The EB-5 Visa Allows Foreign Investors and their Families to Live and Work in The United States
If you and your family want to become legal permanent residents of the USA (get a green card) and you can afford to invest $500,000 in one of Charlie Graingers's EB-5 projects, you could be living legally in America. With the EB-5 visa program, you can choose to live anywhere in the USA. It includes green cards for you, your wife/husband and all children under 21. Your children can attend all American schools, colleges and universities. Charlie Graingers can provide you investments that are structured to meet EB-5 requirements so you can get your green card quickly.
Charlie Graingers is the perfect opportunity for foreign investors to gain green cards to America. We operate in a business that is easy to understand, grow, and manage - food service. In the first of it's kind program, Charlie Graingers is exploring sponsoring EB-5 Visa programs to allow foreign investors to invest in our restaurants and help grow our brand
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Introduction to The EB-5 Visa Program
- The United States Congress created a new employment-based immigration policy in 1990 to allow foreign entrepreneurs to invest in new commercial job-creating enterprises in exchange for an expedited lawful permanent resident immigration status.
- The Immigration and Nationality Act (INA) allocates 10,000 immigrant visas (green cards) each year to qualified individuals seeking to obtain permanent residence in the U.S. on the basis of their investment in a qualified U.S. enterprise.
- The EB-5 Immigrant Investor Program offers a green card for the applicant, their spouse, and all unmarried children under the age of 21.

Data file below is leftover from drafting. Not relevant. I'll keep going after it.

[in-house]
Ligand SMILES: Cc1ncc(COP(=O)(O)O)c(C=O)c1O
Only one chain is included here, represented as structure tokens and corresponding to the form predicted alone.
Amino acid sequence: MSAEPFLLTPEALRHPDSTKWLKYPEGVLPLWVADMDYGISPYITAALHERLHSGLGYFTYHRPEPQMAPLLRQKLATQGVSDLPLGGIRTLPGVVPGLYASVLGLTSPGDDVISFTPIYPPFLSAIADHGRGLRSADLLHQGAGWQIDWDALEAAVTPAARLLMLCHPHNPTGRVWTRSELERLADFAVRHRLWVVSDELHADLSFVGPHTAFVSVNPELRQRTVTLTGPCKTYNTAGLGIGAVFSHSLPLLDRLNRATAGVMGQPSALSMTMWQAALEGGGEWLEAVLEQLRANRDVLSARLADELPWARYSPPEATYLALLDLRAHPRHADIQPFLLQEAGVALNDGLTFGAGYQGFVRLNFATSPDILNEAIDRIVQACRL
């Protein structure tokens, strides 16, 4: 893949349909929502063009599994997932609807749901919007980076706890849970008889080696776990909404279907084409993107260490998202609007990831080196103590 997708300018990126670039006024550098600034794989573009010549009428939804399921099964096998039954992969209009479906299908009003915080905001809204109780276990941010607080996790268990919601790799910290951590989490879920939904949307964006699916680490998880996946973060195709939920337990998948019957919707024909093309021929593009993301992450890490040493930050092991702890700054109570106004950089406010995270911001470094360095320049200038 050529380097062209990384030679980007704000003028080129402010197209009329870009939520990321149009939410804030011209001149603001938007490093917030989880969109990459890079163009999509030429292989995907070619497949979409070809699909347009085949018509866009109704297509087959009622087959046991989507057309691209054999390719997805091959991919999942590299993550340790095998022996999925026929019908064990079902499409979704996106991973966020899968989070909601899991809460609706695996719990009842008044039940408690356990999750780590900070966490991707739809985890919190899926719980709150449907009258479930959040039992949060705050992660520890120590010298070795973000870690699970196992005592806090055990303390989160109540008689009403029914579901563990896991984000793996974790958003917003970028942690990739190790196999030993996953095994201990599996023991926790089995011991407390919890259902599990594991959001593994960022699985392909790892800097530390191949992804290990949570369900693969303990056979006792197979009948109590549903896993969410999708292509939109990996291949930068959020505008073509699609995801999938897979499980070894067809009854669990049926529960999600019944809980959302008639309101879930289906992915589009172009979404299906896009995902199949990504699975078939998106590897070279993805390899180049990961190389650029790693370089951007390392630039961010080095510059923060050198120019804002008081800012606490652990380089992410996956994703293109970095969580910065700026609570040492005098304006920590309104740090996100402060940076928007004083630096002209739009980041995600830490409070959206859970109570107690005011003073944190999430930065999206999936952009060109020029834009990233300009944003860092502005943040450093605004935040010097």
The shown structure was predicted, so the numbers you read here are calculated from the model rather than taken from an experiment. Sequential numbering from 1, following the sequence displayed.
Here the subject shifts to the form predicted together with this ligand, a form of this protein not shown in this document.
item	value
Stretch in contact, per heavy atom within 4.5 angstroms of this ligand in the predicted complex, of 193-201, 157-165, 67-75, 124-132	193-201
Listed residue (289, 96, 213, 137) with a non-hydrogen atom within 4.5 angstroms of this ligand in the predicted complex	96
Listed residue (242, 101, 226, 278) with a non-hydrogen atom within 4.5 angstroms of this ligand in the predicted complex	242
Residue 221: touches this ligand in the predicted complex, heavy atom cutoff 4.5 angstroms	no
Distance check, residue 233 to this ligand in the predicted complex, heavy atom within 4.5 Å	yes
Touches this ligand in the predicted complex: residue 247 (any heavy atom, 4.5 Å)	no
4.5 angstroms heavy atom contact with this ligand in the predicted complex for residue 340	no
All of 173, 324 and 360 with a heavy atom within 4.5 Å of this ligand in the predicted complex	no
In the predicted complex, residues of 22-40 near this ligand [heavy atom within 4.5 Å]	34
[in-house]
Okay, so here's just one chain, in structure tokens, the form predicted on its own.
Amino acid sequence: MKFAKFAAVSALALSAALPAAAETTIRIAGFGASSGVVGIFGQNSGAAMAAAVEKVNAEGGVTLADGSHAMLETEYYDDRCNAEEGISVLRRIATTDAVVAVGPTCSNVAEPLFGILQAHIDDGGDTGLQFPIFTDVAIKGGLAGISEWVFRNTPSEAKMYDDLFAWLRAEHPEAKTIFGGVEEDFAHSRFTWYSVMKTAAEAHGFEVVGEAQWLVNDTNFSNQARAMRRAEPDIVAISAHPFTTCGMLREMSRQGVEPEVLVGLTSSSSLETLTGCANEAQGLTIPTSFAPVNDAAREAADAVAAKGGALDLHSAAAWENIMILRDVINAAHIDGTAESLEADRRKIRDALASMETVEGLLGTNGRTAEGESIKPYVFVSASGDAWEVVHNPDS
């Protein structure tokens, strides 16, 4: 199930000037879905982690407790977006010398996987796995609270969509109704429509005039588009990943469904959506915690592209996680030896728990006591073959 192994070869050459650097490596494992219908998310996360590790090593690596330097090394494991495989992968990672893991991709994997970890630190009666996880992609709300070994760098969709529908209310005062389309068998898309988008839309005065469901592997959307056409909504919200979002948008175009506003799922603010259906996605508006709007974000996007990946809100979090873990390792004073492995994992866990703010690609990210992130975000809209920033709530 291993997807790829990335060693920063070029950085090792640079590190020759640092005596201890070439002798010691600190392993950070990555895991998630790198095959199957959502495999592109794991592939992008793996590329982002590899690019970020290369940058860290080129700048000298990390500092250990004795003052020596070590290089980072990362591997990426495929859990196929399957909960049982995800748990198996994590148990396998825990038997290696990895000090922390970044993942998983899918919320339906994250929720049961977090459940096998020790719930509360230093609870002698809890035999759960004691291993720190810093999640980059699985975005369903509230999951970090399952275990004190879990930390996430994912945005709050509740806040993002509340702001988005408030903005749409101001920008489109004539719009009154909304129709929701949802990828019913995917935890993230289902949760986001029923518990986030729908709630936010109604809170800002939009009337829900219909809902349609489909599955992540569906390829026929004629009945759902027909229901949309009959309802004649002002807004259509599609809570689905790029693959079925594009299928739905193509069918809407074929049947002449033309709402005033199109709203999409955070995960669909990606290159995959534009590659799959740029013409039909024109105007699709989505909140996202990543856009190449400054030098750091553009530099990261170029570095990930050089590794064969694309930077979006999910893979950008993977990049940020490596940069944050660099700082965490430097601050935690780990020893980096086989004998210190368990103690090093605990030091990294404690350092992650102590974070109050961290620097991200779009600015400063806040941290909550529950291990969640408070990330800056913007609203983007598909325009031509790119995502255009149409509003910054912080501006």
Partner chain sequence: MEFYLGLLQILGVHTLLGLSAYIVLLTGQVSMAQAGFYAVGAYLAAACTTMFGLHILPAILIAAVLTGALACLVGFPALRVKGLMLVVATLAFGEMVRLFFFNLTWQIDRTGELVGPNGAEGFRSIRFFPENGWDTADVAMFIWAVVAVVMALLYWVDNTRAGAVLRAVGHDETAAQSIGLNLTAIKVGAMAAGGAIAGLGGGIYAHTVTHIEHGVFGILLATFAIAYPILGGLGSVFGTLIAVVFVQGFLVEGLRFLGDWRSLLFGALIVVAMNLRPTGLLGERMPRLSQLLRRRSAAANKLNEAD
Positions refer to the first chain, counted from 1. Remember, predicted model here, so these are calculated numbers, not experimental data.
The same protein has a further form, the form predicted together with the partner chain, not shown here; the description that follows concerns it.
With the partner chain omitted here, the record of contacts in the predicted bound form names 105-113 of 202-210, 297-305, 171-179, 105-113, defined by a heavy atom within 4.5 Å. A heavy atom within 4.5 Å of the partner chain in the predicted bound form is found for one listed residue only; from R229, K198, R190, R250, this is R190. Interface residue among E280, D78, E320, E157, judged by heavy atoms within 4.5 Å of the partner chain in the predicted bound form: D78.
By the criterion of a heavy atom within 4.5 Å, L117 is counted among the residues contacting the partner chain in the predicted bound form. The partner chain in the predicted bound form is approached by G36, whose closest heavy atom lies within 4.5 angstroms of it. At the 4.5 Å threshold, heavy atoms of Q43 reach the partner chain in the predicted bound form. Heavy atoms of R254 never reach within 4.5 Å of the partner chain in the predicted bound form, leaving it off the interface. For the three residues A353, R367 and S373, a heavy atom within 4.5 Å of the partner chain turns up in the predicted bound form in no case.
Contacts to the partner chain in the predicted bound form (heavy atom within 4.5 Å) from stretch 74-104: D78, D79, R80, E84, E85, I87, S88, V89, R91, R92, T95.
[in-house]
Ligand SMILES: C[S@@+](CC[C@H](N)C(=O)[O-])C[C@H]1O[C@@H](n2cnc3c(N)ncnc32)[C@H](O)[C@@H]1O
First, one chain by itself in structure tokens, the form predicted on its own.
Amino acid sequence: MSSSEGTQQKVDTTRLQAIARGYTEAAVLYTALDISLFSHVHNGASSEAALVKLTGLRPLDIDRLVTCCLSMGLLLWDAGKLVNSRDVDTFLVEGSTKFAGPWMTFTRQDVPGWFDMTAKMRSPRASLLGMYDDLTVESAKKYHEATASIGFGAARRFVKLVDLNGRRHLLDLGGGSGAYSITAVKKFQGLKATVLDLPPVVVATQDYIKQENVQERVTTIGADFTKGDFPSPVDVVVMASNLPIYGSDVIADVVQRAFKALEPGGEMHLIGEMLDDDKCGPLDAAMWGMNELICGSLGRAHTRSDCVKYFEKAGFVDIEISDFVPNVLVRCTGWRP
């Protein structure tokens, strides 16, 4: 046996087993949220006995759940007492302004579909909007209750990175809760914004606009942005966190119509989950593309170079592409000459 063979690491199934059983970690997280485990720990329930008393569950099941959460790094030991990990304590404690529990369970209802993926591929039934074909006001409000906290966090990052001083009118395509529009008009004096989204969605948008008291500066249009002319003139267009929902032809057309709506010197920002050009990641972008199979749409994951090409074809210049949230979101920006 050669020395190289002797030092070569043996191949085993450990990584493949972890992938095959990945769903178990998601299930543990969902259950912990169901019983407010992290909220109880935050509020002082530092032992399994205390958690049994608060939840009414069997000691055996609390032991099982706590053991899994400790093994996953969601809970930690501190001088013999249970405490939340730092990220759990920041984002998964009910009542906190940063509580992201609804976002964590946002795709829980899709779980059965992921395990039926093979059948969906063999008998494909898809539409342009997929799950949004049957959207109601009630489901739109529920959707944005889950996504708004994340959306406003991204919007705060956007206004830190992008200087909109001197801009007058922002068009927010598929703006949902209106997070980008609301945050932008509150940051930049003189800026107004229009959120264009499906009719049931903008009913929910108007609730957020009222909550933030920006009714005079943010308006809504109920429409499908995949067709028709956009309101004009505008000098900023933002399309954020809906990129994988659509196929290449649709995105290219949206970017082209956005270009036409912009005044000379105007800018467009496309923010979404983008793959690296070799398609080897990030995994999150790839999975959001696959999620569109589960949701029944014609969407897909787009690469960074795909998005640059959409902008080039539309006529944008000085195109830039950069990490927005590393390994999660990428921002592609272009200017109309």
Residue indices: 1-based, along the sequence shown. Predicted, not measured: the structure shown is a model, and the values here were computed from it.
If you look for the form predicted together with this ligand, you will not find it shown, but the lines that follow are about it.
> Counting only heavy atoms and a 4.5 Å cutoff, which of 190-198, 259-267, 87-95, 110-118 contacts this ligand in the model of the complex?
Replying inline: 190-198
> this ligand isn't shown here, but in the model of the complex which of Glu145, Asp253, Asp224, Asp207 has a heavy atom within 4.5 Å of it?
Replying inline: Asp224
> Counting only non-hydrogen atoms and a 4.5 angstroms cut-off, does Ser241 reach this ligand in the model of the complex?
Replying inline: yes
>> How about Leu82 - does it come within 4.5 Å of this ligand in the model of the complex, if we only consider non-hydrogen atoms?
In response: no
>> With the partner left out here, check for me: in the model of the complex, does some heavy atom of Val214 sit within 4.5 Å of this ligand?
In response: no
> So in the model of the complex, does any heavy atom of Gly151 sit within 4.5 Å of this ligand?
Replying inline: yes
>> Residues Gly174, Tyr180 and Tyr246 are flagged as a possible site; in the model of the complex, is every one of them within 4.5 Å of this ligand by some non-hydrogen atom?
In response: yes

- If an investor's EB-5 petition is approved, the investor and dependents may apply for two-year conditional resident status. During the conditional period, the investor must continue to satisfy all EB-5 Visa requirements in order to qualify for a removal of conditions.
Highlights of the EB-5 Visa Program
- A direct route to a Green Card
- Permanent Residency in the United States for you, your spouse and any unmarried children under the age of 21
- Freedom to live, work and retire anywhere in the United States
- US Citizenship route after 5 years of being a Green Card holder
- Children may attend college or university at in-state resident costs
The EB-5 Visa
Congress created the EB-5 immigrant investor visa category in the Immigration Act of 1990 in the hopes of attracting foreign capital to the US and creating jobs for American workers in the process. There are 10,000 visas available in the category each year, 3,000 of which are set aside for investment through designated regional centers regardless of TEA status. There are three basic requirements for an EB-5 visa:
- the alien must establish a business or invest in an existing business that was created or restructured after November 19, 1990
- the alien must have invested $1 million (only $500,000 when investing in a TEA through a USCIS designated regional center) in the business
- the business must create full-time employment for at least 10 US workers per investor
The basic EB-5 Visa investment amount is $1 million. The required investment is $500,000 for a business established in a "targeted employment area." The definition specifically excludes capital acquired by unlawful means. Targeted employment areas include:
- rural areas, defined as any area other than one within a metropolitan statistical area or within the boundary of a city or town with a population of 20,000 or more; and
- areas having an unemployment rate that is at least 150% of the national average.
The current regulations set the required investment for a targeted employment area at $500,000.
EB-5 Visa Job Creation
The EB-5 Visa investment must create at least 10 full-time jobs for US citizens, lawful permanent residents or other immigrants lawfully authorized to be employed in the United States. Full-time employees are defined to include workers working at least thirty-five hours per week. The 10 positions must be full time. This means employment of a qualified employee in a position that requires a minimum of 35 working hours per week. Although two employees may share a full-time position, part-time employment is specifically excluded. Therefore, a combination of two or more part-time positions will not qualify, even if they collectively meet the 35-hour per week requirement.